How Much Time Do You Have?
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As an adult, it can be hard to make new friends and maintain a social life, especially when you’re trying to spend less. But your budget and your weekend plans don’t have to be enemies—what if I told you that, through the power of the Internet, you could make new friends, pursue your hobbies and do it all without making your wallet cry?
Well, you can. In fact, the same Internet that serves up ads that are targeted at your latest retail desires can also help you find fun, free ways to spend time with your friends and make some new friends, to boot!
I’m talking about Meetup, Facebook Events, Eventbrite, CitySocializer … you get the point. There are a ton of avenues out there to connect you with other people for an event or a common interest. All it takes is a little time and a dose of social courage (I know, because I’ve done it!). Let me tell you how …
About a year ago, a couple friends and I decided to start a board game club in my city. And when I say board game, I’m not just talking about Sorry! or Monopoly. I mean the big dogs. The complex (read, “super fun”), competitive board games that only the nerdiest and best people love to play.
In the past, I’d had a ton of friends in town who loved a good game night, but, as is a common hazard of living in a college town, many of those good friends eventually moved away. We always bemoaned that there were so few people to play with until we realized our town was surely full of folks that felt the same way. We just needed to connect.
To find our people, my wife and I hopped on Meetup, paid ten dollars a month to start a group, and we were off to the races. Er, games. Anyone who found our group was invited to our home (a dubious idea that actually worked out fine for us, but you may want to meet in the safety of public spaces).
Our group assembles every other Thursday to hang out and play games. In the beginning, I only expected a few people to join us. Boy, was I wrong! Our inaugural game night saw no less than fifteen people, most of whom, I’d never met before. People were hungry for this kind of thing.
We’ve been going strong ever since. There’s a core group that comes to every meeting (we’ve become great friends). Plus, most weeks, we meet a few new faces. Some of us get along so well that we meet outside of the group to, well, play more games. We’ll also go out to eat and go to movies when the budget allows. And, when the Star Wars premiere landed on our biweekly game night, of course we went out and saw it, together, instead.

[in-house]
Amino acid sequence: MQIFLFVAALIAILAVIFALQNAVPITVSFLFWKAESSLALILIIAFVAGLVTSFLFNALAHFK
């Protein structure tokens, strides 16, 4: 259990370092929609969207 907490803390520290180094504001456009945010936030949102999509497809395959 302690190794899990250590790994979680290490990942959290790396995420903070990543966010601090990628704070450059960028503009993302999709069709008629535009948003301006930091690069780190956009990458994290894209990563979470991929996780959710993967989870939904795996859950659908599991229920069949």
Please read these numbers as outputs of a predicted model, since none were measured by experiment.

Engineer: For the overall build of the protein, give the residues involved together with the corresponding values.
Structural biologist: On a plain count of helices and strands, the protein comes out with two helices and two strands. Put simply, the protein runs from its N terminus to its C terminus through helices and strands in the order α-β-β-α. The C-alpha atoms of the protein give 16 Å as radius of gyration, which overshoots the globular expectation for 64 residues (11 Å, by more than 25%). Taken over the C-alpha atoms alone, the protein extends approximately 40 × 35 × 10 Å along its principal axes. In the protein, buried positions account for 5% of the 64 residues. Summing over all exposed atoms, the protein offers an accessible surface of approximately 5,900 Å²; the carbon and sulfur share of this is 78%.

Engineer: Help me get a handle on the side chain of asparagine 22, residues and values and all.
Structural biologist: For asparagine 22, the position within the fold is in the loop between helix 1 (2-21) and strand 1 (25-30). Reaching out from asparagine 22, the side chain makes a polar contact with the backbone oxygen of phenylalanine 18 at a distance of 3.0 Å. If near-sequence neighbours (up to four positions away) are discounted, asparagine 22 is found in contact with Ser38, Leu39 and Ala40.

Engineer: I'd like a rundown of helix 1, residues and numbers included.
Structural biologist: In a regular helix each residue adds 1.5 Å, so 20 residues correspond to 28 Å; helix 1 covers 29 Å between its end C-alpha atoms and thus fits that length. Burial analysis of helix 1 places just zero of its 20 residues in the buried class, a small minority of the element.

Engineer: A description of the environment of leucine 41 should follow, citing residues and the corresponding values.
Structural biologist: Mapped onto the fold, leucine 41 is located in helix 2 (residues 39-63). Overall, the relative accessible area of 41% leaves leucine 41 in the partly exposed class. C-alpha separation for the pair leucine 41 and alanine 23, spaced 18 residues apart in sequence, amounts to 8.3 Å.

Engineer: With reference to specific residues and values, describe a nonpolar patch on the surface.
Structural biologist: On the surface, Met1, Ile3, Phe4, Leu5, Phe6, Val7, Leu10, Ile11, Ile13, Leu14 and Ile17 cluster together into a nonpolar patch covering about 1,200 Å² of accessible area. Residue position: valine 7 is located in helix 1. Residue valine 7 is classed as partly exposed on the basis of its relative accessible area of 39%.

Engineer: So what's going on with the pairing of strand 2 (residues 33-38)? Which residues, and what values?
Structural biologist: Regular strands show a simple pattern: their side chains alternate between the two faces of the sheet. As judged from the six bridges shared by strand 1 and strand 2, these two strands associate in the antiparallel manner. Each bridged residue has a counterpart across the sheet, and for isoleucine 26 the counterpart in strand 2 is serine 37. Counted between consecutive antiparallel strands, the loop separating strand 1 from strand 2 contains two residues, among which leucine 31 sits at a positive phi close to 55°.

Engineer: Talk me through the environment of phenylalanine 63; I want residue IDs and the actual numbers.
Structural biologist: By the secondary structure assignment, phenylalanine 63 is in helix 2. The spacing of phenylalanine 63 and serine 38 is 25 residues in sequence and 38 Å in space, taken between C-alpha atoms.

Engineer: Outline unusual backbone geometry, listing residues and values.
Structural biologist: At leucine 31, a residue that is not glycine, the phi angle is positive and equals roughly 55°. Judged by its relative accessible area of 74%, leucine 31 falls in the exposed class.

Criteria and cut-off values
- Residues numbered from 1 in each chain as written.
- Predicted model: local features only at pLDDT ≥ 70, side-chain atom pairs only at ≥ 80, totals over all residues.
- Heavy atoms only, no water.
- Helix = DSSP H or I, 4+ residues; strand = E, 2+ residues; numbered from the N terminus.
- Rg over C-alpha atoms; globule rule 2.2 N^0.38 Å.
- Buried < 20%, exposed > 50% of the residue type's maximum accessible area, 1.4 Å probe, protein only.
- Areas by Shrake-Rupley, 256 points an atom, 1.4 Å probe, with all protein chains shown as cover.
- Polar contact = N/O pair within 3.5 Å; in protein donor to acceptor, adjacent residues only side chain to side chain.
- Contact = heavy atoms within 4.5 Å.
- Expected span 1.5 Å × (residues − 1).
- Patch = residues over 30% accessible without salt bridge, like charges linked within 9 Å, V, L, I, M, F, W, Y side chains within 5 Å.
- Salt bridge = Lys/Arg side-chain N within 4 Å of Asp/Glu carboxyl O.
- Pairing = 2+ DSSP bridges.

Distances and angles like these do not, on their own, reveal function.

Now that the group is more established and growing by word-of-mouth, we moved it from Meetup over to a Facebook group to avoid that ten-dollar fee, and we enjoy a regularly occurring, fun night with friends that doesn’t cost us a dime. Proof positive that, if you want to build new friendships without blowing your entertainment budget, all you need is a common interest and a willingness to put yourself out there a little.
Maybe you’re not into board games, but surely there’s another low-cost hobby you can do with other people. Consider hiking, coffee, books, music, juggling, biking, pets, makeup, politics or dancing—the list is endless! In fact, I just browsed the Meetups available in my town of 80,000 people, and these suggestions popped up in about ten seconds.
And, if you don’t spot the kind of group you’re looking for, make one yourself! You may just make a new friend.
Remember, budgeting is not restrictive. You won’t be spending less, you’ll be spending right. You can do this! Today. Right now. What do you have to lose? Except all that debt and stress. (Ok, so kind of a lot.)
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